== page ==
Process Description

Eichrom Industries developed the Iron Control Process for Copper Electrolyte to provide copper mining facilities with a simple ion exchange system for extracting iron from copper electrolyte in the solvent extraction -electrowinning (SX/EW) process. The system can produce operational benefits resulting in significant operational cost savings in a number of ways, including: Reduced cobalt losses from electrolyte bleeding Improved current efficiency Lowered sulfuric acid losses Increased copper cathode production.

The Process

As copper is depleted from the CuSO4-H2SO4 electrolyte solution during copper electrowinning, the concentration of iron remaining in the solution increases. This build up of iron can result in a loss of current efficiency in the electrowinning process due to the continuous oxidation/reduction of Fe2+ to Fe3+. The conventional method for controlling the iron concentration has been to periodically or continuously bleed a portion of the iron-rich, copper-depleted electrolyte from the circuit and replace it with copper-rich electrolyte solution. In the copper electrowinning process, lead based alloys are used as anodes. Soluble cobalt at a concentration ranging from 50 – 200 ppm is added to the copper electrolyte to control the corrosion of the anode and prevent lead contamination of the copper cathode. During bleed of copper electrolyte to control iron concentration, cobalt is also lost from the system. Cobalt must be continually added to the electrolyte to make up for losses through the bleed stream. Cobalt replacement to control lead anode corrosion is a major operating expense in copper SX/EW plants.

The Resin

The cost effective removal of iron from copper electrolyte is made possible through the use of Eichrom’s Diphonix® resin. This resin resembles a conventional ion exchange resin in its use of sulfonic acid functional groups on a styrene/divinylbenzene matrix. Unlike conventional ion exchange materials, Diphonix resin contains additional complexing ligands that form stable complexes with certain classes of elements, notably Fe(III). These ligands tend not to bind mono- or divalent cation species present in highly acidic streams, establishing a means to selectively remove the iron. Systems using Diphonix resin look and operate identically to systems using conventional ion exchange resins, with the advantage of enhanced performance under challenging operating conditions. Under the ~150 g/L sulfuric acid solution conditions, retention of trivalent (and higher valence) cations is preferred relative to mono-valent and di-valent species. The resin’s selectivity for ferric iron over divalent copper and cobalt ions, combined with operating characteristics typical of conventional sulfonic acid resins, suggests the use of Diphonix resin for the control of iron in copper electrolyte.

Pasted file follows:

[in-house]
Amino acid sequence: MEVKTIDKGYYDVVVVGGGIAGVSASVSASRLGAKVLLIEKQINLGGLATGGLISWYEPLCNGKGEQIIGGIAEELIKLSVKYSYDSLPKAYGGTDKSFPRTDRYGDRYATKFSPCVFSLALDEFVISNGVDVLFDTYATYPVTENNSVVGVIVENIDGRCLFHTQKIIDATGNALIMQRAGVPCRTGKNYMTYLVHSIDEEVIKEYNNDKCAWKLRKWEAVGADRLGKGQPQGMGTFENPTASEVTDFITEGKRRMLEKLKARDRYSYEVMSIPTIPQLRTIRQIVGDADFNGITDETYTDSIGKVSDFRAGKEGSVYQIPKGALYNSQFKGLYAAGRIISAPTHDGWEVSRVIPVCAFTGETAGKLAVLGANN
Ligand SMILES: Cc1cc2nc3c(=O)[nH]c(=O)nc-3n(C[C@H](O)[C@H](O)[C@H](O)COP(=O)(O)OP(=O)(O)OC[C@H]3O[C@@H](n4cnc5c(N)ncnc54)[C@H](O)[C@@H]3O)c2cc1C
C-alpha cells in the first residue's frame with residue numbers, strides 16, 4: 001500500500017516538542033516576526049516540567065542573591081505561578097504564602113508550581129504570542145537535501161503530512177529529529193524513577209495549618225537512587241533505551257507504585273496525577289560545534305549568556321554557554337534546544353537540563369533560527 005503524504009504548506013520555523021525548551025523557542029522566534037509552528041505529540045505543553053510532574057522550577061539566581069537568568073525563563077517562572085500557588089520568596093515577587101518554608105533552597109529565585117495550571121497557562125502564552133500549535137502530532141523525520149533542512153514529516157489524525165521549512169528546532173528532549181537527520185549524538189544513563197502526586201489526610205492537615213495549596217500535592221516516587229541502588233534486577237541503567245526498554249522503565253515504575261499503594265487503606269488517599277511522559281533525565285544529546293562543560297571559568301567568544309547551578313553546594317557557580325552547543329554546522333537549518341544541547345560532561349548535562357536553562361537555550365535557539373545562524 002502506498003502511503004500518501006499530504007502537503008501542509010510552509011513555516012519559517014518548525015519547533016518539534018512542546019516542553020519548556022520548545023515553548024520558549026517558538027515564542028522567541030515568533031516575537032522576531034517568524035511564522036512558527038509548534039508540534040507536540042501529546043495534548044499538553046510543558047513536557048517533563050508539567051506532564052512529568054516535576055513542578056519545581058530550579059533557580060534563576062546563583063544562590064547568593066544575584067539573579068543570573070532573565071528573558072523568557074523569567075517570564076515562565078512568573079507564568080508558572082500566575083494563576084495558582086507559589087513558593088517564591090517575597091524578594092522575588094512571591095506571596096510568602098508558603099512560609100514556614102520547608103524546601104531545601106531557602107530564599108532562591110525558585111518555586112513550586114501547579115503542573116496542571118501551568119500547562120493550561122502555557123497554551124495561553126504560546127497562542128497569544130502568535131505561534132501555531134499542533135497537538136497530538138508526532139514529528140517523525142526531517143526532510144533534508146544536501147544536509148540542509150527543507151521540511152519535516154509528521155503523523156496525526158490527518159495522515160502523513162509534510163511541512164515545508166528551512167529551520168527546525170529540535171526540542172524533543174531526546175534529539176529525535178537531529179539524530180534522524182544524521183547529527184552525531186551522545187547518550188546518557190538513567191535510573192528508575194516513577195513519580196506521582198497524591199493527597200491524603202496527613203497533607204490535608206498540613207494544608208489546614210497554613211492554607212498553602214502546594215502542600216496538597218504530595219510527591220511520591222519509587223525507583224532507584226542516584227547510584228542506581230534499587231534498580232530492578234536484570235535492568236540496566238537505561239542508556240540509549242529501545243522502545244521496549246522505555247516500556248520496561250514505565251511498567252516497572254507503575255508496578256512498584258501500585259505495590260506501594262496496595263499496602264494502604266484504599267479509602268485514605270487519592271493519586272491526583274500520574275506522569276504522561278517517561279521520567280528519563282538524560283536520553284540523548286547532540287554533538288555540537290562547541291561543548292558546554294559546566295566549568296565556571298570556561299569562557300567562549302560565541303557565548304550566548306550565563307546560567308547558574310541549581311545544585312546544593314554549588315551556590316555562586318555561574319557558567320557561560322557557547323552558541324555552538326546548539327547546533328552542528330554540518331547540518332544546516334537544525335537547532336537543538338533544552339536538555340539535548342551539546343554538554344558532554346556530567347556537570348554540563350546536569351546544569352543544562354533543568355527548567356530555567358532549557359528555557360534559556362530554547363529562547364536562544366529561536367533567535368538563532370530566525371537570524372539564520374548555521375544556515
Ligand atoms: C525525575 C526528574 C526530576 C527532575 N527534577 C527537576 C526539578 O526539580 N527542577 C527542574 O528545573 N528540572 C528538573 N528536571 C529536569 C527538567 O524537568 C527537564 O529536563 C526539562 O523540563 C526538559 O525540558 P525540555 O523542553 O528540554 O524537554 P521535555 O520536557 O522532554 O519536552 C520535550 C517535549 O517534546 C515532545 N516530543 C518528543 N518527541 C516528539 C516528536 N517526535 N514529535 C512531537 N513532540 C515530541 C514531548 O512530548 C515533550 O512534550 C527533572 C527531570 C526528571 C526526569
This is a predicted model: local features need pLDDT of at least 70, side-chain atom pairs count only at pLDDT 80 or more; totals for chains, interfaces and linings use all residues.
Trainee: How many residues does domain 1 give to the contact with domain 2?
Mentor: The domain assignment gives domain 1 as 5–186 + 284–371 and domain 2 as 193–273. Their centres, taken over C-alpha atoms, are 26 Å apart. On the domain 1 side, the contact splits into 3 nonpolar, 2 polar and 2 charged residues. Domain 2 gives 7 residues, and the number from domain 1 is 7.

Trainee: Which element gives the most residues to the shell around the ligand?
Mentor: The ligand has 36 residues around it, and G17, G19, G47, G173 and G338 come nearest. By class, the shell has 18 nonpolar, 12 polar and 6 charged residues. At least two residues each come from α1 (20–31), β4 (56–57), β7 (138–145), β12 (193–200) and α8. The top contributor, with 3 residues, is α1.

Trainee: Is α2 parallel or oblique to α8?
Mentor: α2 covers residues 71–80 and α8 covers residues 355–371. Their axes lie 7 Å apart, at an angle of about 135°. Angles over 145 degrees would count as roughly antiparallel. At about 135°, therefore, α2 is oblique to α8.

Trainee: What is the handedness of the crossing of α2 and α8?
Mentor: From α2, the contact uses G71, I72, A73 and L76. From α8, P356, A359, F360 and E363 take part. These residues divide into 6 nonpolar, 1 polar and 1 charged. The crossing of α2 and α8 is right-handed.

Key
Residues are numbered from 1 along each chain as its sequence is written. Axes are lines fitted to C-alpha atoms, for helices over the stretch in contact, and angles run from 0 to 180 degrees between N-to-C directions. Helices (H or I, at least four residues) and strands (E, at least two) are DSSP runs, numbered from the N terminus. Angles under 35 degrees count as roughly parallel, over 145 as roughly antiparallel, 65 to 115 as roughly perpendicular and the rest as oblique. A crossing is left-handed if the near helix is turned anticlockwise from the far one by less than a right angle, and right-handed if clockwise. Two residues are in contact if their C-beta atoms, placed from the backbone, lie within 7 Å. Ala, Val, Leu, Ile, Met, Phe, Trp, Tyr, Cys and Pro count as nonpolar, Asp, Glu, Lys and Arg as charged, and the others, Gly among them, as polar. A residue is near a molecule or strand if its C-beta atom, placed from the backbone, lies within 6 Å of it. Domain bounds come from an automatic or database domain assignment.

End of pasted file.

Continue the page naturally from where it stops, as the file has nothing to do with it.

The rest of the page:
Process Chemistry & Laboratory Study

As shown on the loading curve below, Diphonix resin has the ability to retain iron from plant electrolyte solution, but does not complex copper and cobalt. C/Co represents the ratio of processed solution concentrations (column effluent) to initial metal concentrations (column feed). A C/Co value less than one indicates species retention, C/Co equal to one indicates no retention, C/Co greater than one indicates displacement of a previously retained metal into the effluent. As the first bed volume of test solution reaches the outlet sample point, the value for C/Co rapidly approaches one for copper and cobalt, indicating that Diphonix resin does not retain these species. Iron C/Co values remain around 0.15 – 0.20 until the exchange capacity of the resin is exceeded. The reason for the “slippage” of about 20% of the iron through the resin is explained by the fraction of iron present in the ferrous oxidation state. As a divalent species, ferrous iron reacts similarly to cobalt and copper. This behavior of ferrous ions suggests a method whereby the iron exchanged onto the resin could be subsequently removed. A novel, sulfate-based stripping method was developed to remove complexed iron from the resin. This chemistry is completely compatible with leaching and SX operation, allowing process effluent to be easily disposed.